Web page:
In Irene’s Wake, Flooding and Power Outages Plague East Coast
Trains remain idle at the Trenton Transit Center due to water on the tracks from Hurricane Irene August 29, 2011 in Trenton, New Jersey. Photo by William Thomas Cain/Getty Images.
2 p.m. ET | FEMA administrator Craig Fugate said Monday that responders are “moving into recovery phases, but we are still very concerned about the flooding.” Officials have warned that the danger from rising rivers and washed out roads has not passed.
Airports in New York City were open by Monday morning, as well as in Boston and several smaller cities in New England. Though the New York subway was up and running, New Jersey Transit trains were at a standstill due to flood cleanup.
Approximately 8,500 people from areas most affected by the storm are housed in Red Cross shelters.
A family rides towards a tree brought down by winds from Hurricane Irene in Manasquan, N.J. Photo by Michael Loccisano/Getty Images.
Despite packing a less-than-expected punch across the East Coast, Hurricane Irene — downgraded Sunday to a tropical storm — left billions of dollars in damage and millions of people without power from the Carolinas to Maine. Crews worked Monday to clear downed trees and power lines and remove debris from roadways. At least 24 deaths were reported.
After airports were shuttered this weekend and approximately 9,000 flights were canceled, many travelers faced a backlog as service resumes. New York City’s subway reopened Monday morning after halting service midday Saturday.
On Sunday evening, President Obama, flanked by Homeland Security Secretary Janet Napolitano and FEMA administrator Craig Fugate, warned, “[T]his is not over,” pointing to ongoing flooding-related risks and power outages.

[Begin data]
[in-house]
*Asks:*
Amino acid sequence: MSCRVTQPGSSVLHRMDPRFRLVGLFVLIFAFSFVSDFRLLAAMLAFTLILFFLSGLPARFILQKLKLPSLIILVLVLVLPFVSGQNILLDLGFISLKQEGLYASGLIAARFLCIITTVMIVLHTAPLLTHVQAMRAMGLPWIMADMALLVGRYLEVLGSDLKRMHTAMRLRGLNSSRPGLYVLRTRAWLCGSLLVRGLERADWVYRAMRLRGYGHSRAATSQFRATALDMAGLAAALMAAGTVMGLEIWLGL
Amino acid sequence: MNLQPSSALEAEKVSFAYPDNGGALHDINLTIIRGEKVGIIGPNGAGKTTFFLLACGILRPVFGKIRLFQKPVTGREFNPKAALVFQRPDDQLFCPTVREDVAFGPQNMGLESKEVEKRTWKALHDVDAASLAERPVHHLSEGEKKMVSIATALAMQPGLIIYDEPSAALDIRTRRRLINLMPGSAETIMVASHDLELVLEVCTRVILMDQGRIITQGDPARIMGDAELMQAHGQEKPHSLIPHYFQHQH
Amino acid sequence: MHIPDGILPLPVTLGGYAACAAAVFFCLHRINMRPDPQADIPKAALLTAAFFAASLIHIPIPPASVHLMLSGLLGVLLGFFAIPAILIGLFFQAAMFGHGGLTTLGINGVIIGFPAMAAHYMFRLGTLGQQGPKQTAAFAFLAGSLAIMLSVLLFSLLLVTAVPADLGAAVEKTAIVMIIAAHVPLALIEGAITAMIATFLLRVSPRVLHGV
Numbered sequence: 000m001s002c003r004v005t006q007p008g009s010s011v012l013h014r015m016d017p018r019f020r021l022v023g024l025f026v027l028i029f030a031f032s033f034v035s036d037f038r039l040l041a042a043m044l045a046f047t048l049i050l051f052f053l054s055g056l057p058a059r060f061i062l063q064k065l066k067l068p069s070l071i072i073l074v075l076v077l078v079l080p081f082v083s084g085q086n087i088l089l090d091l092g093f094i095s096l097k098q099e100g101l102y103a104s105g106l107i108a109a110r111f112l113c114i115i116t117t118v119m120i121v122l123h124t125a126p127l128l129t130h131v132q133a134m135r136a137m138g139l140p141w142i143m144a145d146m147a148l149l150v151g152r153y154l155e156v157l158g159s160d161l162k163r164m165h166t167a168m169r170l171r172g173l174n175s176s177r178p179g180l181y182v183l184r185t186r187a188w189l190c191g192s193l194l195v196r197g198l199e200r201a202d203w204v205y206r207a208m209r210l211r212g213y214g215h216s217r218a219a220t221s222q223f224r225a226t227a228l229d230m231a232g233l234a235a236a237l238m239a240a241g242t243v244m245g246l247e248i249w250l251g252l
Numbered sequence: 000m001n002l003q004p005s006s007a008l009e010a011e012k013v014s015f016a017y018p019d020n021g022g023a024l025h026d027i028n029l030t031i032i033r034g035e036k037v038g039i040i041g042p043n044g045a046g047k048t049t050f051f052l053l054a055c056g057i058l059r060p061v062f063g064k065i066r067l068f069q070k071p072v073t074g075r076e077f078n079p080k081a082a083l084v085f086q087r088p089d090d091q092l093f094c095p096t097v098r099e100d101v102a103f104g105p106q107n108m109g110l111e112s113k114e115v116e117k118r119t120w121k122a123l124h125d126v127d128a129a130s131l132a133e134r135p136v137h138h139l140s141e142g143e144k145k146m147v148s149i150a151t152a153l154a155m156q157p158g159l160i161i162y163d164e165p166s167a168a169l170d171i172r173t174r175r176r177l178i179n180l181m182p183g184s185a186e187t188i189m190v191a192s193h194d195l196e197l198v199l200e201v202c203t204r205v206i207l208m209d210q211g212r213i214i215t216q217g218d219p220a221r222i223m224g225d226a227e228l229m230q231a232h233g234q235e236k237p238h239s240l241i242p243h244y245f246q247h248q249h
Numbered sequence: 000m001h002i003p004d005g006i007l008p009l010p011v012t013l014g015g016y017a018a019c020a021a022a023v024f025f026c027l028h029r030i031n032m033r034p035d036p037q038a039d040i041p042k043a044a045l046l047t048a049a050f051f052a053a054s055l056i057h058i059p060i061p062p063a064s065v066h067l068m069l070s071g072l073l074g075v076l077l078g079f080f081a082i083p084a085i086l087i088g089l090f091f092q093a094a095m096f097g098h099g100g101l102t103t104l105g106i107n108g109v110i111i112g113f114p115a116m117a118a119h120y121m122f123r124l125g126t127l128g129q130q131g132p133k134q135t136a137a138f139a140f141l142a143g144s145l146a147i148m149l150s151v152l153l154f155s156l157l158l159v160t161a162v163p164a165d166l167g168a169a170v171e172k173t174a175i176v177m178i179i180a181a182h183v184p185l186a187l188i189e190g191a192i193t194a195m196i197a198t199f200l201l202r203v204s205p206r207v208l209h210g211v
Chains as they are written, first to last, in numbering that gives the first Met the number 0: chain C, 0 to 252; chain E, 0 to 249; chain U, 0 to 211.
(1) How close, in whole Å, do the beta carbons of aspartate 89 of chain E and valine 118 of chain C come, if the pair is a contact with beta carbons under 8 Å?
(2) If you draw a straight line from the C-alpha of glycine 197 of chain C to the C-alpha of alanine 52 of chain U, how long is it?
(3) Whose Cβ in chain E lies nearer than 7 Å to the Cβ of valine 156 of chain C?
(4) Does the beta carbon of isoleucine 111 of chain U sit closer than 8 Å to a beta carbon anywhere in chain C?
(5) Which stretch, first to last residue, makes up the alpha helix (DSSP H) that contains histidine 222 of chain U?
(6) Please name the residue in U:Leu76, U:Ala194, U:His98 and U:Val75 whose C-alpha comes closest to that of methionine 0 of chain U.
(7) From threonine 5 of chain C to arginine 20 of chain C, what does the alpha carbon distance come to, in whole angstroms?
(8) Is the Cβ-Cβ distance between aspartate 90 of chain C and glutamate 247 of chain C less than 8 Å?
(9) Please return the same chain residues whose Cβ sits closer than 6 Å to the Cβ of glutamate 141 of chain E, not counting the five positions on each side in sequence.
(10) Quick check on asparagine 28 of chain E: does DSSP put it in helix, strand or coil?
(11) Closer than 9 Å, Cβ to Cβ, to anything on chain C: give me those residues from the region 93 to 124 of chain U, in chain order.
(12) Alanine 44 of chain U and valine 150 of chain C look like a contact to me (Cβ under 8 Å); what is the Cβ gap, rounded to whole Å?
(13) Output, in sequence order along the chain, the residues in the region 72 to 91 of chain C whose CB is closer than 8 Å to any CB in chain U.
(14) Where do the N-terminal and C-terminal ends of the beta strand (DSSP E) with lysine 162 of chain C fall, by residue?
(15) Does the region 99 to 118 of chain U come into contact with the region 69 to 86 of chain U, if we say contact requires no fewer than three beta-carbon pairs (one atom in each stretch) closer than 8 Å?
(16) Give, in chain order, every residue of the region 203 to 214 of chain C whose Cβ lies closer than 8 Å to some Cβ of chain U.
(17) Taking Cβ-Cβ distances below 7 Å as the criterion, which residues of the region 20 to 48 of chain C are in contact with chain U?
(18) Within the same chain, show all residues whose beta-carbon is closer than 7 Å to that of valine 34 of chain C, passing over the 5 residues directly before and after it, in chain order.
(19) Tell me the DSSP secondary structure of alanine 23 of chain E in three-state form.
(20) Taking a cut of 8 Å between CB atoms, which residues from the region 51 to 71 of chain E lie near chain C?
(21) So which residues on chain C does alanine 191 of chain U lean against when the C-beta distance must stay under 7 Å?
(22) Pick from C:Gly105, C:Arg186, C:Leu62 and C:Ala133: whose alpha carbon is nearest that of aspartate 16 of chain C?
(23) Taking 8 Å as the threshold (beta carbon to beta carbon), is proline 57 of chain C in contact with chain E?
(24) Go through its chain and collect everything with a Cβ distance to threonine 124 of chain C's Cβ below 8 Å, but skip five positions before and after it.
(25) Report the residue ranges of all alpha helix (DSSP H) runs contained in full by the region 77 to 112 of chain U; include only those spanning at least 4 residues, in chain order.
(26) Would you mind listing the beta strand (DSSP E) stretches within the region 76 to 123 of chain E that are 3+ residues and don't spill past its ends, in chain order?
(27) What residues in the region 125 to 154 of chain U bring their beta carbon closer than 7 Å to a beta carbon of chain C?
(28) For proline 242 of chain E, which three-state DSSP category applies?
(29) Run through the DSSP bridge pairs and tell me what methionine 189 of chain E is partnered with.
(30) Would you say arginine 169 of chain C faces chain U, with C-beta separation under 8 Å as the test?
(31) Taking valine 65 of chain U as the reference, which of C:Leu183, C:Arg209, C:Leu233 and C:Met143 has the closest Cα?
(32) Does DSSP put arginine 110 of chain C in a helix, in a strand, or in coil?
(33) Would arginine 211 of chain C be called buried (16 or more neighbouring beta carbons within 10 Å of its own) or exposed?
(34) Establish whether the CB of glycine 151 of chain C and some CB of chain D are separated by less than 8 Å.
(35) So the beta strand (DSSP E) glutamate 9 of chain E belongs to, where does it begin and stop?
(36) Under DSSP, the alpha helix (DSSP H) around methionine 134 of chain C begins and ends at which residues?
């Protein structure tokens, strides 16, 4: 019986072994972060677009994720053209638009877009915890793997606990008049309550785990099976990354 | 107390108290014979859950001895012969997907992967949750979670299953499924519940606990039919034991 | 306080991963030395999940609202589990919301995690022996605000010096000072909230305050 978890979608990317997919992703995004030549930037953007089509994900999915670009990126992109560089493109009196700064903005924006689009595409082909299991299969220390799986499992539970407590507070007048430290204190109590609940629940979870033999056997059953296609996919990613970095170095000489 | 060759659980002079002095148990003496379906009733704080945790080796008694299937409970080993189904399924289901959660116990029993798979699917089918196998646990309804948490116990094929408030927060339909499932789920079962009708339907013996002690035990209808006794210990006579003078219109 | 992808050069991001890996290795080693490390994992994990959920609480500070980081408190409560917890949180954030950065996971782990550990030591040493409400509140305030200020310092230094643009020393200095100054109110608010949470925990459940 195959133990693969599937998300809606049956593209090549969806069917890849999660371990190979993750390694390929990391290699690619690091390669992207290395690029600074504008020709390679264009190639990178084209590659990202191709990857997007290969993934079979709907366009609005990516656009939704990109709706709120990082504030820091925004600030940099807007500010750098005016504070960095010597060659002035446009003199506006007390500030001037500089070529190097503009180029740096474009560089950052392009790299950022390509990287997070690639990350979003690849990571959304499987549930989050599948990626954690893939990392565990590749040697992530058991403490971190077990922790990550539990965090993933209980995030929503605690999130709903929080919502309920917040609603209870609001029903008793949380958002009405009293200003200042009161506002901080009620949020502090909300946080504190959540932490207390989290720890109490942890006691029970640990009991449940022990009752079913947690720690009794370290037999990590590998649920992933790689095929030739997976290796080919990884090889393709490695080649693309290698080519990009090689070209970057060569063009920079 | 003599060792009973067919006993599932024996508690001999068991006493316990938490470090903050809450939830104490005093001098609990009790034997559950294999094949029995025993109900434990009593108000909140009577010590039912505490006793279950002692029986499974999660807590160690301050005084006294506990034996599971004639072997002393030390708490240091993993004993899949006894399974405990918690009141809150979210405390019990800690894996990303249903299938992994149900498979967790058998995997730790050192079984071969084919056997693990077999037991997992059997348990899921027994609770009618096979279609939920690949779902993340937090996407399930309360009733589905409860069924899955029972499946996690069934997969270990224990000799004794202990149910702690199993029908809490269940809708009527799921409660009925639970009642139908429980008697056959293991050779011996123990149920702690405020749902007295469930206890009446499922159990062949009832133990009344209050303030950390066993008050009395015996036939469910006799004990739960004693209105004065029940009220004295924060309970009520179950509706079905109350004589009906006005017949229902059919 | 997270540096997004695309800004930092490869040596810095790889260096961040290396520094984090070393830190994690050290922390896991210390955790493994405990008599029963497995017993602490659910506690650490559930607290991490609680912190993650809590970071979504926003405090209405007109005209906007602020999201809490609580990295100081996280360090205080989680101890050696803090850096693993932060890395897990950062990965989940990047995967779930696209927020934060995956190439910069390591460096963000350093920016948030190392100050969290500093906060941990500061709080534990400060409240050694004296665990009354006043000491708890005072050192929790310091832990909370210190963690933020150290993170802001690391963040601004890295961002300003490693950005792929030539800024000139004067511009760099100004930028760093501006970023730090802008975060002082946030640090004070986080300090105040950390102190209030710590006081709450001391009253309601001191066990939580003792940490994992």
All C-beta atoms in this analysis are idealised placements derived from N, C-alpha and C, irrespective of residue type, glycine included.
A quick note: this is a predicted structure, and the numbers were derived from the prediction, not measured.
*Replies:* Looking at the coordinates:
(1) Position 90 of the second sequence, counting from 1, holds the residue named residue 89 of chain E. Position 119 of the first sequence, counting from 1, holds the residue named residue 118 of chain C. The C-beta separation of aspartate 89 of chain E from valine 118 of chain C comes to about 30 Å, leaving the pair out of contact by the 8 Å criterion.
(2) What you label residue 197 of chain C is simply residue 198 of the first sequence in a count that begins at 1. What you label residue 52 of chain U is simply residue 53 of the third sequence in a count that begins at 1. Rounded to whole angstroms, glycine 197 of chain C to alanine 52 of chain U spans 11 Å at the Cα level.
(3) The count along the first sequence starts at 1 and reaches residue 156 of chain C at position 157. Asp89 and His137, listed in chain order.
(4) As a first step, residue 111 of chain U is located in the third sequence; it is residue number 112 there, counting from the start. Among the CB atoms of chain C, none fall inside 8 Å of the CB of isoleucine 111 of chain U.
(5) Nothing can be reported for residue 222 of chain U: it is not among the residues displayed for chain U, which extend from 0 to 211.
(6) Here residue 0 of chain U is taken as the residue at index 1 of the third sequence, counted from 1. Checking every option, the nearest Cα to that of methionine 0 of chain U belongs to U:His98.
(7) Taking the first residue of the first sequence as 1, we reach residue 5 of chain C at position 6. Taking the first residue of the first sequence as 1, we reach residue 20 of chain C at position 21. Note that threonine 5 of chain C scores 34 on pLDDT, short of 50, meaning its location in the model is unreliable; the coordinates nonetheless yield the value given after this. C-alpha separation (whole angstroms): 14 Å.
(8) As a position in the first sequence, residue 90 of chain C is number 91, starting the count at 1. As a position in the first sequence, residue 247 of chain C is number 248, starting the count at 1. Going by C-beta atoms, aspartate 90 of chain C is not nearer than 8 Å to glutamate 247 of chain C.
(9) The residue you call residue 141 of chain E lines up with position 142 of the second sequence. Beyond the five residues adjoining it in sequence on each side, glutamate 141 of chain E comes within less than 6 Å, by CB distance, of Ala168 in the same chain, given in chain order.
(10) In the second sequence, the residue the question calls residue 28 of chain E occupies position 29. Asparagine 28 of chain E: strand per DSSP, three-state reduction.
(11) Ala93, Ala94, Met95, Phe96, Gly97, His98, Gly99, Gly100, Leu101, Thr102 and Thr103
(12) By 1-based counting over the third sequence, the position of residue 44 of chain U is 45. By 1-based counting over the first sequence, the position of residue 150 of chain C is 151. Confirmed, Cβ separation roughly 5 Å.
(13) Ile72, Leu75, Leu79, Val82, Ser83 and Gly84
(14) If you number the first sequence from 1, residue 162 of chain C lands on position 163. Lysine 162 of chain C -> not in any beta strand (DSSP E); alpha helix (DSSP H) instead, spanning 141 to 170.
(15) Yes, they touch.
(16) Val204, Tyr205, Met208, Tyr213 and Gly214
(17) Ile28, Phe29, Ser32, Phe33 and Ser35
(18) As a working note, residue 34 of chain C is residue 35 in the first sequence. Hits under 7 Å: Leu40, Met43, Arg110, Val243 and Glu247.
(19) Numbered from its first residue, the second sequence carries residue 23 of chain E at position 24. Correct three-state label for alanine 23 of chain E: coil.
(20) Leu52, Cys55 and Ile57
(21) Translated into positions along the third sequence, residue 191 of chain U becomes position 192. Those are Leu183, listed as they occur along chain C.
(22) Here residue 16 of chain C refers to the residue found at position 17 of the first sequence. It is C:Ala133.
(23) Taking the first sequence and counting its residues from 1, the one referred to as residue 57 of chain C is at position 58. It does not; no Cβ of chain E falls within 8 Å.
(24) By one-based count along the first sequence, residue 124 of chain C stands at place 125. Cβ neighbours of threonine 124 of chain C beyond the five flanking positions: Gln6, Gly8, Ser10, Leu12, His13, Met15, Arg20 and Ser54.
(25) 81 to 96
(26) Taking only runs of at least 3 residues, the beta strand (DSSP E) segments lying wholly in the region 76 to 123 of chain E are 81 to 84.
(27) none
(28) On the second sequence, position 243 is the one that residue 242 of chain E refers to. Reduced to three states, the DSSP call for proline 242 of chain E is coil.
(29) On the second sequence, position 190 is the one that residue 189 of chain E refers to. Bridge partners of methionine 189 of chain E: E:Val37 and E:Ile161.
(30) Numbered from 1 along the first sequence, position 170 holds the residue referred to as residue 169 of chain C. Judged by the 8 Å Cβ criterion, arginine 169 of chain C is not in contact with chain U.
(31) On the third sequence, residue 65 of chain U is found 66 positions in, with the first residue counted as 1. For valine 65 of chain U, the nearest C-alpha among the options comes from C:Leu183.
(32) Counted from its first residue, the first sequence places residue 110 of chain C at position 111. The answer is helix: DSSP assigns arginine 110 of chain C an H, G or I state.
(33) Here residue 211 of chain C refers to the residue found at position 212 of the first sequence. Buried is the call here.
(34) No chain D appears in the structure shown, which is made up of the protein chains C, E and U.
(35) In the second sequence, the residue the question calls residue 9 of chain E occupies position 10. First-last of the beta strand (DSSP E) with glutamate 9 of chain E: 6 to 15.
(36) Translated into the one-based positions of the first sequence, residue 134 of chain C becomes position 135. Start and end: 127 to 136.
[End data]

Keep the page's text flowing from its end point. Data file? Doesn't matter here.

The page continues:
Widespread evacuation orders had been in effect along the coastling, but according to the Associated Press:
Many of the worst effects arose from rains that fell inland, not the highly anticipated storm surge along the coasts. Residents of Pennsylvania and New Jersey nervously watched waters rise as hours’ worth of rain funneled into rivers and creeks. Normally narrow ribbons of water turned into raging torrents in Vermont and upstate New York late Sunday, tumbling with tree limbs, cars and parts of bridges.
Vermont reported the worst flooding in 80 years, and one woman drowned in a rising river. At least four covered bridges were washed away. In North Carolina, rains of up to 15 inches were reported and several roads were washed away. The state’s barrier islands were evacuated.
In New York City, where 370,000 people had been given evacuation orders in low-lying areas, residents escaped the worst of Irene, which became a tropical storm shortly before making landfall over New York.
Washington, D.C., had several hundred thousands residents without power and closed some schools Monday, but also sustained relatively minor damage in the storm.